The bronze statue is the city’s homage to Handersen’s most famous fairy-tale.

Although I risk to sound unpopular, I believe that the statue (a mere 1,25 m tall) is a bit over rated. The city has so many attractions that are far more interesting and fascinating which should be exalted. One example is Rosenborg Castle.

                                                                 Kastellet (The Citadel)
Kastellet (The Citadel) in Copenhagen is one of the best preserved star fortresses in Northern Europe.

The ancient military fortification is surrounded by an immense park where locals and tourists meet to spend time in the open air, even if it’s cold and stings.

                                                             CHRISTIANIA

Next on the list of places you can’t miss is Christiania Neighborhood and its very singular Christmas market.

Christiania is a section of the city founded in 1971 by a group of hippies who occupied an abandoned naval base, starting the Free State of Christiania.

 

                                                        MARMORKIRKEN

During your visit to the city, take some time for Marmorkirken, name that identifies Frederiks Church, famous for its dome, the biggest in the whole of Scandinavia.

                                                            CARLSBERG

If you have a chance, don’t miss out on the Carlsberg plant, original Danish beer.

The building is a bit far from down-town, buti s well connected by public transportation.

Besides the tour of the plant, one can also taste the various beers, some of which are only available in Denmark, or only in certain occasions, like the Christmas Beer. Typical Danish tradition signaled by the selling of a special beer with its hop mix especially studied to kick off the Christmas Season.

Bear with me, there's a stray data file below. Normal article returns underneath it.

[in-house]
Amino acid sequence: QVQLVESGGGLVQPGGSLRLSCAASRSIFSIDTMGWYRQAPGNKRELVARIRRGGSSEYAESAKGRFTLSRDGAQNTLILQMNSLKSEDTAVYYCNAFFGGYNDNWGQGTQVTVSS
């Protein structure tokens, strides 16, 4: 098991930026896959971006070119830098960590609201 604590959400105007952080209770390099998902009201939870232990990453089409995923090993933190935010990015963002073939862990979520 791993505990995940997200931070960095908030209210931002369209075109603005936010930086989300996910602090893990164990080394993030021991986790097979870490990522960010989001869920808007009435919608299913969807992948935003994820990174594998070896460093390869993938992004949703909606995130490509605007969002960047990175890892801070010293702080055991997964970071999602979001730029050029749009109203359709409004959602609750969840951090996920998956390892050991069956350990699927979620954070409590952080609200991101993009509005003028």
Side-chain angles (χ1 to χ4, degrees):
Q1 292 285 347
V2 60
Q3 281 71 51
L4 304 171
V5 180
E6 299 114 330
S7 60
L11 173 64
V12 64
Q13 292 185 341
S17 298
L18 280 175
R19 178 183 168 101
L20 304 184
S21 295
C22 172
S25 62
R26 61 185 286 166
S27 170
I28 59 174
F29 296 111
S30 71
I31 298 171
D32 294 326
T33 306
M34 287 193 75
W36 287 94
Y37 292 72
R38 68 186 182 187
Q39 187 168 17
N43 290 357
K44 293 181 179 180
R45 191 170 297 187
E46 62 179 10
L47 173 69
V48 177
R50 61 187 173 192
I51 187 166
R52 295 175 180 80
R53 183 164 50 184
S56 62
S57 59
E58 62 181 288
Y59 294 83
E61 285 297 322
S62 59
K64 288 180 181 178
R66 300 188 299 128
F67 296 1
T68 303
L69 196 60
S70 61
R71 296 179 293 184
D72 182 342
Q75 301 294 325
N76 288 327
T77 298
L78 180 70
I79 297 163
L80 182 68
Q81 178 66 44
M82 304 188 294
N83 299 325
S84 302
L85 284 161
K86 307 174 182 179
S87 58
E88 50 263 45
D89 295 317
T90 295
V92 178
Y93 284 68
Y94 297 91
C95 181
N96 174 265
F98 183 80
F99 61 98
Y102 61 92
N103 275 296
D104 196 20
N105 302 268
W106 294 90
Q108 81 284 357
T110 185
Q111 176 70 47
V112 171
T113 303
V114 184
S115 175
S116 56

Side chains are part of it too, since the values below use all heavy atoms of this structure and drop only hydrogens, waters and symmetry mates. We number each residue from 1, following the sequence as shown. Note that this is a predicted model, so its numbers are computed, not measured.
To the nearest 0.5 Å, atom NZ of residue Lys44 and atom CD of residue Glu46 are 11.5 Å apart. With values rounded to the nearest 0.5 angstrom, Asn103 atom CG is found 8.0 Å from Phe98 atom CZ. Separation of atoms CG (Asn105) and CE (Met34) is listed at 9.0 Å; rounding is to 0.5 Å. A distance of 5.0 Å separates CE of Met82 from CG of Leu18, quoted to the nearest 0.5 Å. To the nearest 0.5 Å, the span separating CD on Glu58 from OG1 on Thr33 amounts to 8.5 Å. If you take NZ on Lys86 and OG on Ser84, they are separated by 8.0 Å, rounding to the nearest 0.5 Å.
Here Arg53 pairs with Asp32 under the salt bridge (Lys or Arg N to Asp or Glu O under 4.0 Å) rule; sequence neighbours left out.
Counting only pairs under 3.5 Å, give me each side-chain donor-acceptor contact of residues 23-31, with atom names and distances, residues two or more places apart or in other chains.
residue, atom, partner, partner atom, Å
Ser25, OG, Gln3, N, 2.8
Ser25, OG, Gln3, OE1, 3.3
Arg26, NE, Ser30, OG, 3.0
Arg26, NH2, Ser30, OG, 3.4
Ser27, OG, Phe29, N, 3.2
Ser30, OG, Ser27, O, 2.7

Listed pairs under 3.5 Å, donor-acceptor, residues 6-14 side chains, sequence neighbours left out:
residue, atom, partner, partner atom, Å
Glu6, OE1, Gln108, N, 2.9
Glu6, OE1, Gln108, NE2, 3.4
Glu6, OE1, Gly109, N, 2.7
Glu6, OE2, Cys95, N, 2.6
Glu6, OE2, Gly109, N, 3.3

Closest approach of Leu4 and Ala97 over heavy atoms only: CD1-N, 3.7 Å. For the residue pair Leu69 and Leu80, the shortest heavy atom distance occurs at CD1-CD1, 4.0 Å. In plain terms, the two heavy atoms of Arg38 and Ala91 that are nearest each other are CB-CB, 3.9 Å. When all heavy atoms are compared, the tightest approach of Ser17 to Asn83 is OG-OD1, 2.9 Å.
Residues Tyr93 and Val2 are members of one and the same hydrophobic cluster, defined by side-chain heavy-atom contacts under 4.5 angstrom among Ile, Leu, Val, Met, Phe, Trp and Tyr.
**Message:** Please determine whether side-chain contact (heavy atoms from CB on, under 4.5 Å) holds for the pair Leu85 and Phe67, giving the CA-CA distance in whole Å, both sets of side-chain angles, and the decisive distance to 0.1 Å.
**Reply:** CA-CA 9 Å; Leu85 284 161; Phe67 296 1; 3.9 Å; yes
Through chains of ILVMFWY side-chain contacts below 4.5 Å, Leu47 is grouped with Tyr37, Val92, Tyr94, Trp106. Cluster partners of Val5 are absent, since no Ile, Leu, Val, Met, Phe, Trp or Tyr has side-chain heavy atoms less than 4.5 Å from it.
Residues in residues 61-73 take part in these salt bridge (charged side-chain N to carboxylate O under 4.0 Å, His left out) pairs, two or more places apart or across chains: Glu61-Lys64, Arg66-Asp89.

For the younger ones, a 15 minute tour on a horse carriage along the streets in the district where the beer plant is. The tour is available every day from noon to 2pm.

And if you feel a little hungry on your way out of the plant, I suggest you stop to taste the delicious Danish cuisine in the restaurant inside the plant, and why not, try some more excellent beers!

 

                                                               TAKEAWAY…

At the end of the day, Copenhagen is a city that fascinates both young and old, romantics and matter-of-fact. The city hosts 2 separate souls, the ancient longing souls represented by the many historical buildings and castles, and a more modern soul, characterized by a 360° respect of the environment and the use of technology to simplify everyday life.

Personally, I loved every aspect of this magnificent city which has become for me a place of the heart. A place where to peer with delight and admiration, hoping that all who visit, regardless of personal taste, can treasure with longing the joy, culture and kindness of our Danish Cousins upon returning home.

 

 


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Denmark Europe Food Tips&Tricks

Danish food and what to eat in Denmark

By
on
21/12/2017

Danish cuisine has been blossoming almost explosively in the recent decade.

Danish food has grown increasingly associated with so-called New Nordic cuisine, a movement born with the 2003 opening of Noma in Copenhagen and characterized by its modern spin on ultra-local, seasonal ingredients.

Copenhagen claims 15 Michelin-starred  restaurants counting 18 stars,…